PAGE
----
All of us are naturally curious about our own selves. When someone who knew us when, someone older, tells us a story about something we did when we were too young to remember it, we are raptly attentive.
If it were not for the culturally ubiquitous time pressure, we would have the same curiosity if offered a searchlight method to see more deeply into our own mind than ever before. Here we offer just such a searchlight.
This posting is a brief exploration into the architecture of inner experience and offers tools to look into your inner Self, through observation and experience. Why bother? Because in order to get into the two higher, most effective states of consciousness — the Observer state, where we can really see what is going on inside ourselves rather than being puppeteered by software in our heads, and the Flow state (Zone), where we are spontaneously doing everything just right — we need to become experts in the empirical study of our own minds and inner life.
What Is the Architecture of Our Inner Life?
Carl Jung defined the four functions of consciousness as perception, feelings, intellect and intuition — the latter referred to in day-to-day life as “hunches”. These are four kinds of events that can go on in consciousness.
Within consciousness, what we experience first is something inside that motivates us and moves us toward or away from something. Those are feelings. Instincts — hardwired genetic carryovers inherited before birth — are partly responsible for some or all of our feelings. The rest arise from motivations we accumulated during our lives, stuff we learned or decided to want or not want as a result of our experiences since birth.
So what are these things you call your thoughts, your feelings, your hunches, your perceptions? Consider, or reconsider, all of the experiences you have had of your own mind, your own inner life.
When I watch what goes on inside of me, it often starts with a feeling that is also somehow an image at the same time. Another part of me then takes that feeling/image and interprets it as a conscious thought — putting names, categorizations, and other specific recognizable details onto the original amorphous feeling/image.
I think that’s what a thought is. An interpreted feeling/image. Diverging from Jung, I posit that thoughts and feelings are the same thing, at different stages of development.
Thoughts add details to feelings/images, turning them into specifications, bringing out additional information that had somehow been packed into the feeling/image.
Possibly feelings are the most substantial and primary actor, coming out of our most intimate connection with our self, and arising to be transmuted into intuitions and/or thoughts and/or emotions and/or images/visions.
Perceptions coming in from the “outside” accompanied by an equal stream of feelings from “inside” suggests that feelings are another sense, like seeing and hearing. In which case, we simply perceive, and the rest of the functions are what evolves from our perceptions. In other words, feelings are inner perceptions, and what we call sense perceptions are outer perceptions. Inner and outer perceptions are the raw stuff of experience, and as we turn them over in our minds, those perceptions turn into thoughts and/or intuitions.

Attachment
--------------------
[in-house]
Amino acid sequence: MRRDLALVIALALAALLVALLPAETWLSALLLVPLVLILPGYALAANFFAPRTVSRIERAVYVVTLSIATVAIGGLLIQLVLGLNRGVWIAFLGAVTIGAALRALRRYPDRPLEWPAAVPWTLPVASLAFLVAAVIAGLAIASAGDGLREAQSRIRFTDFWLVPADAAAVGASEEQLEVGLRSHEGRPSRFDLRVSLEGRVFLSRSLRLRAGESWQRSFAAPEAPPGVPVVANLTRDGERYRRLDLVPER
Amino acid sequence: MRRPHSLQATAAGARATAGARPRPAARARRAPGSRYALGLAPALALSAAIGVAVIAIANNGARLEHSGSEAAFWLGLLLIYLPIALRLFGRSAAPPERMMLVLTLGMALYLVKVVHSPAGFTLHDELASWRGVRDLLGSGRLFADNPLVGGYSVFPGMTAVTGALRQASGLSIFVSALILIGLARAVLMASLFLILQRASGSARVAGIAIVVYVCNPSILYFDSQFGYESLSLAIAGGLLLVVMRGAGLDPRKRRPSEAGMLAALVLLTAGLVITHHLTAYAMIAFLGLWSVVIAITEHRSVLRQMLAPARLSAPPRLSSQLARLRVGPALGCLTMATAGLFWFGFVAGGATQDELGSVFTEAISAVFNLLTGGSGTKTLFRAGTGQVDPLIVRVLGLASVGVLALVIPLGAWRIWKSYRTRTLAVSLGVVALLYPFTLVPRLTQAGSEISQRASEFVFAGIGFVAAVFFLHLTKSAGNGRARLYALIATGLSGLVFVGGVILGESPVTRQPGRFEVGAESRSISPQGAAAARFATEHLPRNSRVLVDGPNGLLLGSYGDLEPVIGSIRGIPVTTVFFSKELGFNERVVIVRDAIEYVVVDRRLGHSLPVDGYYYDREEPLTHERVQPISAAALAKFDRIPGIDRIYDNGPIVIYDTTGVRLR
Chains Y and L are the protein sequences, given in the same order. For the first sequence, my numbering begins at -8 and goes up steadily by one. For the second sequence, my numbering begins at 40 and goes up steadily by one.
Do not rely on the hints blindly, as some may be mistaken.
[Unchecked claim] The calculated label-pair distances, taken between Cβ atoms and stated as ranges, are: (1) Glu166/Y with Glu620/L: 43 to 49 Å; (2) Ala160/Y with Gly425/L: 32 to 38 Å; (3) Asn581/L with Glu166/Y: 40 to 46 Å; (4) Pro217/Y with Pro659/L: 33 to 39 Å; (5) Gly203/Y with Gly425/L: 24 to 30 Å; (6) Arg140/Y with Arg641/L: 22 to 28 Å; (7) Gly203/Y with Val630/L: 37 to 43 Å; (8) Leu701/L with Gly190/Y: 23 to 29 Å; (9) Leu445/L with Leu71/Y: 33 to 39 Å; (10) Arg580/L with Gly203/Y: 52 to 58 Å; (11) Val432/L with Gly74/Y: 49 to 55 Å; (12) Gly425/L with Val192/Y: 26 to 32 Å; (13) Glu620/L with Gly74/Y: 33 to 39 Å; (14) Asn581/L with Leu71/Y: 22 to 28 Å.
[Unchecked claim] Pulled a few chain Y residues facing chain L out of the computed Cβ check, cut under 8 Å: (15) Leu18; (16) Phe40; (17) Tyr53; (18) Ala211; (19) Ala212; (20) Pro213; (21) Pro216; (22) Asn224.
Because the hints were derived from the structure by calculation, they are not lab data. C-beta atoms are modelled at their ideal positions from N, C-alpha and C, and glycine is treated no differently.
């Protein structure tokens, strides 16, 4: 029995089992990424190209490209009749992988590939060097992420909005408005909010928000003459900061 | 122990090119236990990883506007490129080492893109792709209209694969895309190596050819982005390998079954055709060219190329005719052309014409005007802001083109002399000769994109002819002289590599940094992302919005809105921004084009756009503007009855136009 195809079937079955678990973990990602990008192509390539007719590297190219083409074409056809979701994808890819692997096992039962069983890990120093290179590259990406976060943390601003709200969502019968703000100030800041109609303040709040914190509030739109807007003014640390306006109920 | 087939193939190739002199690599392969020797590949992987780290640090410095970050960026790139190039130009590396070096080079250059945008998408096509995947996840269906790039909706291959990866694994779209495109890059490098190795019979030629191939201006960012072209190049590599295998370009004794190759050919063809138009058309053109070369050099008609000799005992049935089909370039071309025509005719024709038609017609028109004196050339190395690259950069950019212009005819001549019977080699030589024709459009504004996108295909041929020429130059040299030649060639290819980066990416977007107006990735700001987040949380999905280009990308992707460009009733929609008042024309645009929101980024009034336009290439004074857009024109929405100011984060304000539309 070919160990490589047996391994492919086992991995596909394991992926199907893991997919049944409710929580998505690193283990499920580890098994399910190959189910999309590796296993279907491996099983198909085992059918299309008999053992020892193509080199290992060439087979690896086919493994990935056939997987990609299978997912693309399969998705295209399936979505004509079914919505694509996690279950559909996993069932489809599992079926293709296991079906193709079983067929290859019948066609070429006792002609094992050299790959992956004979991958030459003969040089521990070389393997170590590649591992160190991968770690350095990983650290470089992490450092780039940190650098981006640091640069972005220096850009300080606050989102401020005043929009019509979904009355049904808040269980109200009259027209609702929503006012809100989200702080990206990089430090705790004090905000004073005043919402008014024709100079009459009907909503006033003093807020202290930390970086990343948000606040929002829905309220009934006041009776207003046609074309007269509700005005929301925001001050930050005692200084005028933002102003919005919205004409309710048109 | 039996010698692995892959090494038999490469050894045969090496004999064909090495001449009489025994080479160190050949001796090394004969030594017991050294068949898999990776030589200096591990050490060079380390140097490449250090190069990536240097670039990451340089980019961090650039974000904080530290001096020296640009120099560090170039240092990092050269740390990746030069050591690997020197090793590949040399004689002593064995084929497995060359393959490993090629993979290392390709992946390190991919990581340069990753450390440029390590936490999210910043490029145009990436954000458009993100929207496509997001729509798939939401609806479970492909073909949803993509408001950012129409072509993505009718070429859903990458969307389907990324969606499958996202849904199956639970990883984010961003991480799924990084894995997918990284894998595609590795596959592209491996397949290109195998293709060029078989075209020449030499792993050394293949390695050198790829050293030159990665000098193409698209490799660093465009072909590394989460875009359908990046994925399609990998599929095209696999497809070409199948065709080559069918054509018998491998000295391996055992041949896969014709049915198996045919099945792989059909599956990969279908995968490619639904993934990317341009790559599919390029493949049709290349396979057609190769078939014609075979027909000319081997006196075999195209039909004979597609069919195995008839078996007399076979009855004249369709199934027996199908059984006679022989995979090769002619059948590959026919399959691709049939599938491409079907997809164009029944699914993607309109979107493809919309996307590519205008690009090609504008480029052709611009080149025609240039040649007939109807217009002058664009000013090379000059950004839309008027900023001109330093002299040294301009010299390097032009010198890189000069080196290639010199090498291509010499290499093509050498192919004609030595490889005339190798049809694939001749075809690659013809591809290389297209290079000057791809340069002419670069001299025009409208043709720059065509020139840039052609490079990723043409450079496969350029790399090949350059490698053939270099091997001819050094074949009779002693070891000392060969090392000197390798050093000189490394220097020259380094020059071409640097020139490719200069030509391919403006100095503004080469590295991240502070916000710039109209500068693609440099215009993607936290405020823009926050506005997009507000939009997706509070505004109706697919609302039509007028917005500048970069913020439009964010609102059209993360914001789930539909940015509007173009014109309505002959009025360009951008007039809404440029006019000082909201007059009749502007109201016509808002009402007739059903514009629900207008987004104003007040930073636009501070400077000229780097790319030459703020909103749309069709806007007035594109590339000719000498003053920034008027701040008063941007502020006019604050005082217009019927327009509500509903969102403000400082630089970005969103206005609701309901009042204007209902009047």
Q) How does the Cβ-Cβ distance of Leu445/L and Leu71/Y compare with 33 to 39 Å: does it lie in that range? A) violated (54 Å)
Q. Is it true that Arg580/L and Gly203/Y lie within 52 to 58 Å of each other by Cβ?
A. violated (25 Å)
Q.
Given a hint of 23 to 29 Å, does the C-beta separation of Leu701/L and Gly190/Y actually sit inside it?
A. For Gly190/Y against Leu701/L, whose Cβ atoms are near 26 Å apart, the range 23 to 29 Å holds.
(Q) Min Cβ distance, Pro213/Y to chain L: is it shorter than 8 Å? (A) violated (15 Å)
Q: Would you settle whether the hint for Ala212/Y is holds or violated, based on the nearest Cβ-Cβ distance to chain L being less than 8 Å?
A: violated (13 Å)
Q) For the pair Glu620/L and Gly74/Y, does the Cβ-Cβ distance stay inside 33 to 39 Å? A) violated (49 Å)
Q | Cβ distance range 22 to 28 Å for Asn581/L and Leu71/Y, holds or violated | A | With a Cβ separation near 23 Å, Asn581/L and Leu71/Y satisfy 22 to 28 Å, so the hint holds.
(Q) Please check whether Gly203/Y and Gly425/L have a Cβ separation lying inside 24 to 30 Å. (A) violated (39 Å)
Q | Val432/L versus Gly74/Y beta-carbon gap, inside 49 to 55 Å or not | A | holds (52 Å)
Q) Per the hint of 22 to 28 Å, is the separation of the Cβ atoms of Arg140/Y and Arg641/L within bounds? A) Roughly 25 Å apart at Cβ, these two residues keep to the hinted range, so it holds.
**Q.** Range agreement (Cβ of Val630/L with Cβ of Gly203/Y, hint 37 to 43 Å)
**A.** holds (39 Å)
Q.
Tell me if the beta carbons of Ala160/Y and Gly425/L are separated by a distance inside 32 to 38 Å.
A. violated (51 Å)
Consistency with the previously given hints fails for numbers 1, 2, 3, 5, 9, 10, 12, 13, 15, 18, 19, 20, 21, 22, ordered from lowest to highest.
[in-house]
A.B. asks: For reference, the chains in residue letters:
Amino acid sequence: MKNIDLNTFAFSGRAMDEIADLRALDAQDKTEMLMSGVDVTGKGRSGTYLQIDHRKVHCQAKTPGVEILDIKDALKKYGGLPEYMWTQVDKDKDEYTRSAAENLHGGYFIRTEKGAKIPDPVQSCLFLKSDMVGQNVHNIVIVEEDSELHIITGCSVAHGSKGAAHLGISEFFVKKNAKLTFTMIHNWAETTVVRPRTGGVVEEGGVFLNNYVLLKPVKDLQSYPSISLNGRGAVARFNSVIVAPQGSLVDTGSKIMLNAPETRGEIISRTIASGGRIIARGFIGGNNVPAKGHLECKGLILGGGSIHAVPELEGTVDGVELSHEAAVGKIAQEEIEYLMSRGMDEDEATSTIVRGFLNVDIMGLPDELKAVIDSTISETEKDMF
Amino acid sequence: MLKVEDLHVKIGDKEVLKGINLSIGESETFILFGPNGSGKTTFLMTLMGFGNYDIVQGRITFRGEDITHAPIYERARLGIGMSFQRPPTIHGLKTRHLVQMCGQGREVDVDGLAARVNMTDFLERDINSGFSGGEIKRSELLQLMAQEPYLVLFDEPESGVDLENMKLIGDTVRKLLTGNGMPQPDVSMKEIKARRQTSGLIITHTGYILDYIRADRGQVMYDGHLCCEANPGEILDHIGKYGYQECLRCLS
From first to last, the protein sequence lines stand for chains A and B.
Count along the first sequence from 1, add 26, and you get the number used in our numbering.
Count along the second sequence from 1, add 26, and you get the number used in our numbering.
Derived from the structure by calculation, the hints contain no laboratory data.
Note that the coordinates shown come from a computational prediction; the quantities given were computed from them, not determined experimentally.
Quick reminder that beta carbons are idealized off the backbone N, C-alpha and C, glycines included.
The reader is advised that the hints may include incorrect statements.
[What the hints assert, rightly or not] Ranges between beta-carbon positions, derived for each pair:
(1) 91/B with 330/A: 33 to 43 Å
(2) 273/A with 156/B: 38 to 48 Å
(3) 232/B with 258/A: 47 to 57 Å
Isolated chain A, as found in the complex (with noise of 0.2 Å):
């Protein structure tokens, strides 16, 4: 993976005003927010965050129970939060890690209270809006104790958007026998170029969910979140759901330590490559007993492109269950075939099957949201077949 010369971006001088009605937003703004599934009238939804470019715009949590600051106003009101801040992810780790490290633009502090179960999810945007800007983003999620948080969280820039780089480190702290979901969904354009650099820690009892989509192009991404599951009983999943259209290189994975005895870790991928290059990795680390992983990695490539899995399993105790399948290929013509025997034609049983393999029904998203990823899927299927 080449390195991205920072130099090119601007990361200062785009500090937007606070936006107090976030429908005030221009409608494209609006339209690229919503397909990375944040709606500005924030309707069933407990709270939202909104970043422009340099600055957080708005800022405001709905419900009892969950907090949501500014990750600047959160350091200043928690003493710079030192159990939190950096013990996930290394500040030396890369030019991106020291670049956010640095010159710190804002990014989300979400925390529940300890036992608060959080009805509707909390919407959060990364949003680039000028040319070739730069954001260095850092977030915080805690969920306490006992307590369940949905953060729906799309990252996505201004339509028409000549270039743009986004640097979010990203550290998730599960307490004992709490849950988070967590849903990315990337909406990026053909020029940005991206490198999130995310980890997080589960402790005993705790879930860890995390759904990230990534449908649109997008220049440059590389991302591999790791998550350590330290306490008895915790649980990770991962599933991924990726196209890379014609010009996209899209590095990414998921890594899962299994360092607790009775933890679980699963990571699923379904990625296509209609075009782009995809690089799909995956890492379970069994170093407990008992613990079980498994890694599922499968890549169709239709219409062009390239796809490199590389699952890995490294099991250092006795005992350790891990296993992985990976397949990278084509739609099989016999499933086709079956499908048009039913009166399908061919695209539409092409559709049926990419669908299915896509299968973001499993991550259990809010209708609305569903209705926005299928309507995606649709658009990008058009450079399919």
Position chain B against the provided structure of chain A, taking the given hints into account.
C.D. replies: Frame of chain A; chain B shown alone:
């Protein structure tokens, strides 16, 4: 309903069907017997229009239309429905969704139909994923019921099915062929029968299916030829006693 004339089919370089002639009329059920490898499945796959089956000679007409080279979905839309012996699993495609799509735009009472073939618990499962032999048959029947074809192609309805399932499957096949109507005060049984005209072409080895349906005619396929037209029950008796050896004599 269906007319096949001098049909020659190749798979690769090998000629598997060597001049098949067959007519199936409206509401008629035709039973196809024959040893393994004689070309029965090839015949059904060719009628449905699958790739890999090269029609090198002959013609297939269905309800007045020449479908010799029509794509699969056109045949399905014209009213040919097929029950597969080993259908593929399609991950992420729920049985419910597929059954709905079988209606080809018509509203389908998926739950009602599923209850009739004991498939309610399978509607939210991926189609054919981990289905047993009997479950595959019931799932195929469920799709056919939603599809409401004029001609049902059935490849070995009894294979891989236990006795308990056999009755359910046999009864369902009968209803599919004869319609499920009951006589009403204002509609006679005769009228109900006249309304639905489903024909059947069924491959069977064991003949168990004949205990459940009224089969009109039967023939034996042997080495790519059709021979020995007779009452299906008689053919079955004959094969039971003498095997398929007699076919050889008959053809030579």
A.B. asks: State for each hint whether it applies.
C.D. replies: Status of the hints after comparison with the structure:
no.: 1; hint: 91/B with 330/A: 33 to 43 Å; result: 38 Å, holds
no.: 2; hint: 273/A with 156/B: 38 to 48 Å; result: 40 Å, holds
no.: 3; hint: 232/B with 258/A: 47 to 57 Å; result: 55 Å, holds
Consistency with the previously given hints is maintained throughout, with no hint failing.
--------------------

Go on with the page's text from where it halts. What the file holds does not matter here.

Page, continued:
I suggest that perceptions evolve into what Jung classified as thoughts (intellect) and/or hunches (intuition). Outer perceptions — the five physical senses — are what Jung called “perceptions” — and the inner perceptions are what Jung called “feelings”. In my own experience, the raw stuff of my inner life is comprised of feeling/image arisings that I then articulate internally as thoughts, with either words or not, or observe as hunches, without inner words.
Intellect and intuition have always been seen as similar functions. Intellect reaches new conclusions step by effortful step. Intuition gets there in one leap, involuntarily, all by itself. Sometimes when the intuition or hunch is particularly credible and important and came out of nowhere, we call it inspiration, suggesting help from some outside invisible source.
The Searchlight to Our Inner Self
We need maps to study consciousness. We also need meditation to concentrate on seeing what really goes on inside by understanding the basic building blocks of all inner experience — thoughts, feelings, intuitions, and perceptions.
Try this. Find five minutes when you can’t be interrupted and there is nothing dragging you away like a deadline. You might not find time to try this until the weekend, so leave yourself a note somewhere you’ll see it Saturday or Sunday morning.
Sit with your eyes closed and back straight, with your head drawn up toward the ceiling. First, still the mind by experiencing your breath going in and out, without trying to control the breath in any way. After a half-dozen breath cycles or whenever you feel as if your mind is relatively still, begin the exercise.
Now simply watch for what happens at the very beginning of a thought or feeling. A thought or a feeling is going to arise. You are in a state of concentrated sharp attention and the game is to see that arising as quickly as possible, identify what it is, and be able to remember the experience of it as accurately as possible.
This is not as easy as it sounds because we tend to get so instantly caught up in the thought or feeling we forget that we are doing this exercise. That is, until through exercises like this, we find that we have gained true control of our minds in a gradual process that we get better and better at over time. By looking inside, we can begin to cut through dogma and other people’s beliefs, and see for ourselves who we are in our inner worlds.
Best to all,
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